crows springfield ohio

In this Jan. 20, 2010, photo, crows flock to the roof and surrounding trees at the Clark County Public Library at dusk in downtown Springfield, Ohio.
in the western Ohio city’s downtown is causing concern about damage to buildings and potential health hazards from the birds’ waste. (AP Photo/The Springfield News-Sun, Barbara J. Perenic)

Crows Overtake Ohio City

The city of Springfield, OH is being overrun by a ghastly amount of crows. It’s been estimated that as many as 50,000 crows gather in the downtown area after foraging for food by day in fields neighboring the city. It has been compared to the 1963 Alfred Hitchcock thriller film, The Birds. However, these crows do not seem to be hostile and aggressive.

Roger Sherrock, CEO of the Clark County Historical Society is quoted as saying, “Their overwhelming presence on trees and buildings causes concern over damage and potential health hazards from droppings.” Sherrock adds, “It can be unnerving to walk outside and see thousands of crows on trees, buildings and everywhere, especially if you’re familiar with Hitchcock’s movie.”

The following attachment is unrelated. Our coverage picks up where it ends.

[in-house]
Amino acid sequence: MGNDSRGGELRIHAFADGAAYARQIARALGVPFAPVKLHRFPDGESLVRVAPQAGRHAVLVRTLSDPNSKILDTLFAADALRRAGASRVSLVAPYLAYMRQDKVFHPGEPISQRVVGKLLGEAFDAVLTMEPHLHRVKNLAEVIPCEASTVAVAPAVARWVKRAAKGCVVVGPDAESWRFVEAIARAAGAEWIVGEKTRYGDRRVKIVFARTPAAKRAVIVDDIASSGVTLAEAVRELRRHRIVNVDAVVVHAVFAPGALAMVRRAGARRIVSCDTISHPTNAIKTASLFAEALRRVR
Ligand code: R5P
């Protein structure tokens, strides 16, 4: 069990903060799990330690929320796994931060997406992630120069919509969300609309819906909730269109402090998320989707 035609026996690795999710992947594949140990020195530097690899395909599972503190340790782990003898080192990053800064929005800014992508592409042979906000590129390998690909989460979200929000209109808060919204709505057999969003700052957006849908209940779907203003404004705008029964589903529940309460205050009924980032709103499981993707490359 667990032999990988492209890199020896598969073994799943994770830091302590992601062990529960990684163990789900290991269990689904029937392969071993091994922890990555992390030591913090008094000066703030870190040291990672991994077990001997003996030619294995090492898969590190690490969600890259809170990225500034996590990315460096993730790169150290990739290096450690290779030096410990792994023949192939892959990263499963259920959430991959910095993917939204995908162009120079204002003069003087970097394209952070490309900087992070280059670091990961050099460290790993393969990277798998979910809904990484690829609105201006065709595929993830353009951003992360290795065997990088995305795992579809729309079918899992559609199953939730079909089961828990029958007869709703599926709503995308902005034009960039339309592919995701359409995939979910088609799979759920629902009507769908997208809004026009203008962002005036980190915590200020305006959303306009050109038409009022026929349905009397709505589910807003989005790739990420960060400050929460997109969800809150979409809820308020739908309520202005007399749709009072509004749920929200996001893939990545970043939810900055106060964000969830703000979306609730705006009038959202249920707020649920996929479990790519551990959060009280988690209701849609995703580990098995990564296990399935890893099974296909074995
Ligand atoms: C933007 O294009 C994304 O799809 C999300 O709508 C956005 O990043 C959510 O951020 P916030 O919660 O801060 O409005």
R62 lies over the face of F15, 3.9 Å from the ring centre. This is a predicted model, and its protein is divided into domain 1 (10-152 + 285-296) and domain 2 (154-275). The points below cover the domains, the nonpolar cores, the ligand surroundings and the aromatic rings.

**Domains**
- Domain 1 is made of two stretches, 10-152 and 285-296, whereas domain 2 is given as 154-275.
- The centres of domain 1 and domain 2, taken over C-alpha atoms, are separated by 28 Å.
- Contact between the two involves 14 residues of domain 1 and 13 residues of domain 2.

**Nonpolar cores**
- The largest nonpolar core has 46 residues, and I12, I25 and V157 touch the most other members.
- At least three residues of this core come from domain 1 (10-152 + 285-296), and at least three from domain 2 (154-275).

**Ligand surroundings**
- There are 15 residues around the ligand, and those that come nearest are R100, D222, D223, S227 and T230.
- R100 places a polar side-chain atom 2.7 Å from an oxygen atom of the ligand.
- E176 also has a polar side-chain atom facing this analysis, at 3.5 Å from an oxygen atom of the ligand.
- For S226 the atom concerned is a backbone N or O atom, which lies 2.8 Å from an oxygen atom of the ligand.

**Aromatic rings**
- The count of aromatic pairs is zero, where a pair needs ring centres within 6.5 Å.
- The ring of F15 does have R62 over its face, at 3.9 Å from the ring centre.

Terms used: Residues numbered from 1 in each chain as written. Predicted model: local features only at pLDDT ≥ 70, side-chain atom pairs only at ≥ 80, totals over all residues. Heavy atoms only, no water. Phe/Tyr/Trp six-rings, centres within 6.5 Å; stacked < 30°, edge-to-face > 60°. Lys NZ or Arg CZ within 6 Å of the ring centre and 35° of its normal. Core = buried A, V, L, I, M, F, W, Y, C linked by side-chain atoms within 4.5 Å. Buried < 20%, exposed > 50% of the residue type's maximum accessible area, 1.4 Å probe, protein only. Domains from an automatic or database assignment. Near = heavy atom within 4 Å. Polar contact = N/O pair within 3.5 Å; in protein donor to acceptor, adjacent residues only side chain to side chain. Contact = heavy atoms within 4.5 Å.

The crows appear to be roosting in Springfield, which is 80 miles northeast of Cincinnati, on the grounds that warm, high temperatures from urban communities provide more warmth than provincial ranges in the winter months. “The lack of predators in urban areas may also play a role,” said Jim McCormac, aeronautics training master with the state’s Division of Wildlife.

Crows assemble in extensive common perches somewhere around 200 and tens of thousands amid non-reproducing months, especially in the winter. These social affairs have a tendency to happen close to vast food sources, for example, refuse dumps and malls.

Downtown organizations have used a large amount of money to remove bird droppings, which damage surfaces and spread germs and bacteria. Maureen Fagans, executive director of the Center City Association said, “The last two years were just awful. People had to cancel events because they didn’t want patrons to walk through dirty walkways and it really escalated.” Shop and business owners have also been using noise machines that mimic sounds of distress or predatory animals in hopes of driving the crows away.